Monday, October 27, 2008

Panel weighing UA overhaul's proposals faces daunting task

[Source: Aaron Mackey, ARIZONA DAILY STAR] - One day into a review of roughly 75 proposals to make the UA more efficient, those charged with sorting through the ideas see a monumentally confusing task before them.

While there are several large-scale plans to merge colleges or create new ones at the University of Arizona, most of the proposals deal with smaller department-level changes that are directly connected to proposed changes at the college level.

The web of connections between many of the proposals — on top of several that overlap or contradict each other — is forcing committee members to rethink how they'll evaluate the ideas before offering up final recommendations to administrators in November.

To make matters even more difficult, some of the proposals argue for the status quo, in a sense rejecting UA President Robert Shelton's call for a massive overhaul of the university's operations in the face of declining state support.

Shelton in September said that the UA needed to change how it teaches students, conducts research and serves the state so that the institution could continue to increase its academic prestige and streamline operations.

He called on faculty, staff and students to submit proposals on how to meet those goals, with the ideas being made public on Tuesday.

They range from small moves, such as blending two majors into one, to large-scale mergers of some of the UA's most research-intensive colleges.

A subcommittee of the Strategic Planning and Budget Advisory Committee met on Wednesday to discuss the larger proposals.

While some of the college-level proposals were discussed, members of the committee quickly realized that many of the smaller proposals connected to larger changes and needed to be examined at the same time, said Miranda Joseph, the subcommittee's chairwoman.

Instead of focusing on the big proposals first, the committee will group together all ideas — big and small — and then try to examine their potential, Joseph said.

For example, perhaps the largest proposal calls for the colleges of Optical Sciences, Engineering and Science to merge into one massive unit.

The proposal for the move only briefly touches on how the many departments and schools within the colleges would fit together, relying instead on other proposals to flesh it out.

Those proposals call for a handful of new schools or departments, including a new School of Earth and Atmospheric Sciences that would merge programs such as hydrology, mining and tree-ring research.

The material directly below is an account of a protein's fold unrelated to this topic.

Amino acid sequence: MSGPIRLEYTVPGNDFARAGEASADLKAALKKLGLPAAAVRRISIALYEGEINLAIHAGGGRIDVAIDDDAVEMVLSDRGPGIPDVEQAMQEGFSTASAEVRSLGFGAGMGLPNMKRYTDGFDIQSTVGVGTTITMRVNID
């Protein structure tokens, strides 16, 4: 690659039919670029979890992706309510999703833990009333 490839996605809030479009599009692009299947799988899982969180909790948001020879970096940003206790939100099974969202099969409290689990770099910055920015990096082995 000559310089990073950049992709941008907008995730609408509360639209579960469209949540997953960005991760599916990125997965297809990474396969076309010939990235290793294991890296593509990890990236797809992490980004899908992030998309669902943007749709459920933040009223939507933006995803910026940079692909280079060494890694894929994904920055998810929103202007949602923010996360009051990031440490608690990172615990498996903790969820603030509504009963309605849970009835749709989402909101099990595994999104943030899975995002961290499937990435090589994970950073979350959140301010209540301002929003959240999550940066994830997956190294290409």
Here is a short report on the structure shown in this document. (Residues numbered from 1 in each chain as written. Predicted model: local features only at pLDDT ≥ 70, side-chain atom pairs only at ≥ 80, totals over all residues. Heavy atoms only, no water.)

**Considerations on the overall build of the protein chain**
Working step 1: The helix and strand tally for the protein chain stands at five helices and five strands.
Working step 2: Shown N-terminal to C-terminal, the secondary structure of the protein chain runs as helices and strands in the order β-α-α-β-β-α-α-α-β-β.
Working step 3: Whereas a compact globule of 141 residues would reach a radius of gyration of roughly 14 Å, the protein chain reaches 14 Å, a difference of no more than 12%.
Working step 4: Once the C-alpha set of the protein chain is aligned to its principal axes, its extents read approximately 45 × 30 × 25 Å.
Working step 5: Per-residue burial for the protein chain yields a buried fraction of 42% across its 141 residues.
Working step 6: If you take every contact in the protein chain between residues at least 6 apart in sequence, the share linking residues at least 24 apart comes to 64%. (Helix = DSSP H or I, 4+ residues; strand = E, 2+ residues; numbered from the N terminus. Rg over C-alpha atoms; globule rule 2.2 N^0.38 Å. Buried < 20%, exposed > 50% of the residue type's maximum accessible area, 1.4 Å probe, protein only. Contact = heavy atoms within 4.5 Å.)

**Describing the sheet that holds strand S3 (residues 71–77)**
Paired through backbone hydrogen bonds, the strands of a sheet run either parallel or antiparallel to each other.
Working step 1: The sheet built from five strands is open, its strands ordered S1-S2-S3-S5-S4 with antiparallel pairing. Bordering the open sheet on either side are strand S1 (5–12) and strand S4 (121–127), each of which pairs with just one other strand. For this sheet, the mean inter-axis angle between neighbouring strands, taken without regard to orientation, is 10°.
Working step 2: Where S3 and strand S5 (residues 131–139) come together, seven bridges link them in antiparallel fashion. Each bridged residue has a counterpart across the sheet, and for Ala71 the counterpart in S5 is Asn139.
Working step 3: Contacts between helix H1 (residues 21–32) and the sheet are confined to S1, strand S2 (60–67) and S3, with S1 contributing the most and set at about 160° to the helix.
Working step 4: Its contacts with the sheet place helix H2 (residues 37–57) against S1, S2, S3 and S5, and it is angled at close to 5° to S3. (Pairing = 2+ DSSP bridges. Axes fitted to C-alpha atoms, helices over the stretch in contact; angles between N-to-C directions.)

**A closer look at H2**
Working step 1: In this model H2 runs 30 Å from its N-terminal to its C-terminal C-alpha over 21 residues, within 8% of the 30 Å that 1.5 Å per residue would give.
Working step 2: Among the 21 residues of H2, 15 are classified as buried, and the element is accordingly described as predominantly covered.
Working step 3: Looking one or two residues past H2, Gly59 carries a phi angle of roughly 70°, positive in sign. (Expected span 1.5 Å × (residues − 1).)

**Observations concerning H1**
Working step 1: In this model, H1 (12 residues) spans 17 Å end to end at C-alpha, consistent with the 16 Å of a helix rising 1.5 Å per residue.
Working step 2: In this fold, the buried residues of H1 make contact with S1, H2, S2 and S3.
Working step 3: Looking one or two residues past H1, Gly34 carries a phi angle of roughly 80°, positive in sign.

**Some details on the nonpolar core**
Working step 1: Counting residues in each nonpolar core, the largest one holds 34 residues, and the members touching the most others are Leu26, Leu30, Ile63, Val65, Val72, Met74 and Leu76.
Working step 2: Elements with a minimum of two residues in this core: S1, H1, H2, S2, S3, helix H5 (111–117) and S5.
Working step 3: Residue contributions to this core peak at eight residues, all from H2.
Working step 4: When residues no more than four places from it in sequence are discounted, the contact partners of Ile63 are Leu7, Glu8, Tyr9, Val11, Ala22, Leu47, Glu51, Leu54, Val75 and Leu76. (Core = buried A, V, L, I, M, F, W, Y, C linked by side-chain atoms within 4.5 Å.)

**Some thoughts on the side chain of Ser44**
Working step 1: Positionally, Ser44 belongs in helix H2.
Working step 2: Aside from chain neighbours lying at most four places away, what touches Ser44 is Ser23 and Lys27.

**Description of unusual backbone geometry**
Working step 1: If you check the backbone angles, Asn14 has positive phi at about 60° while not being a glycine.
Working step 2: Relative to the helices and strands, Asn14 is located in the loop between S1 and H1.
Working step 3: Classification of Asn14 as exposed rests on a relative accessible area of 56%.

But not every small proposal fits in neatly with larger ideas. One, for example, calls for the centralization of all the physical-sciences classes on campus.

In that model, physics would be at the center of the teaching, collaborating with other fields such as chemistry and optical sciences.

It's not clear how the proposal would fit in with the current college structure or any of the proposed college-level changes.

Making matters even more complicated for the committee is that there are several colleges and departments that argue they should remain unchanged.

In a proposal from the College of Optical Sciences, it's clear that leaders don't believe mergers with another college or department is necessary.

Instead, the college proposes to help teach a few more physics and math classes while helping other departments and colleges boost their research funding.

Similar calls to remain unchanged are echoed in proposals by the College of Fine Arts and the University College, which serves students who haven't picked a major.

By arguing for the status quo, the colleges could be seen as potential roadblocks to several other ideas being considered by the committee.

In the case of Optical Sciences, the college is at the heart of a handful of other proposals that involve merging all or parts of it with other colleges.

On top of the example mentioned earlier, another proposal recommends merging Optical Sciences with Engineering to allow for greater collaboration.

The competing proposals among the science colleges are just a glimpse of the types of wide-ranging, often contradictory ideas that the subcommittee will have to reconcile in the next two weeks.

While Joseph said there won't be changes made merely for the sake of shaking things up, she's hopeful the committee will be able to identify ideas that will make the UA better and meet Shelton's goal.

"We're looking for proposals where there's a meaningful benefit, where change is worthwhile," Joseph said.

On StarNet: Keep up with other happenings around the University of Arizona with the Campus Correspondent blog at

No comments: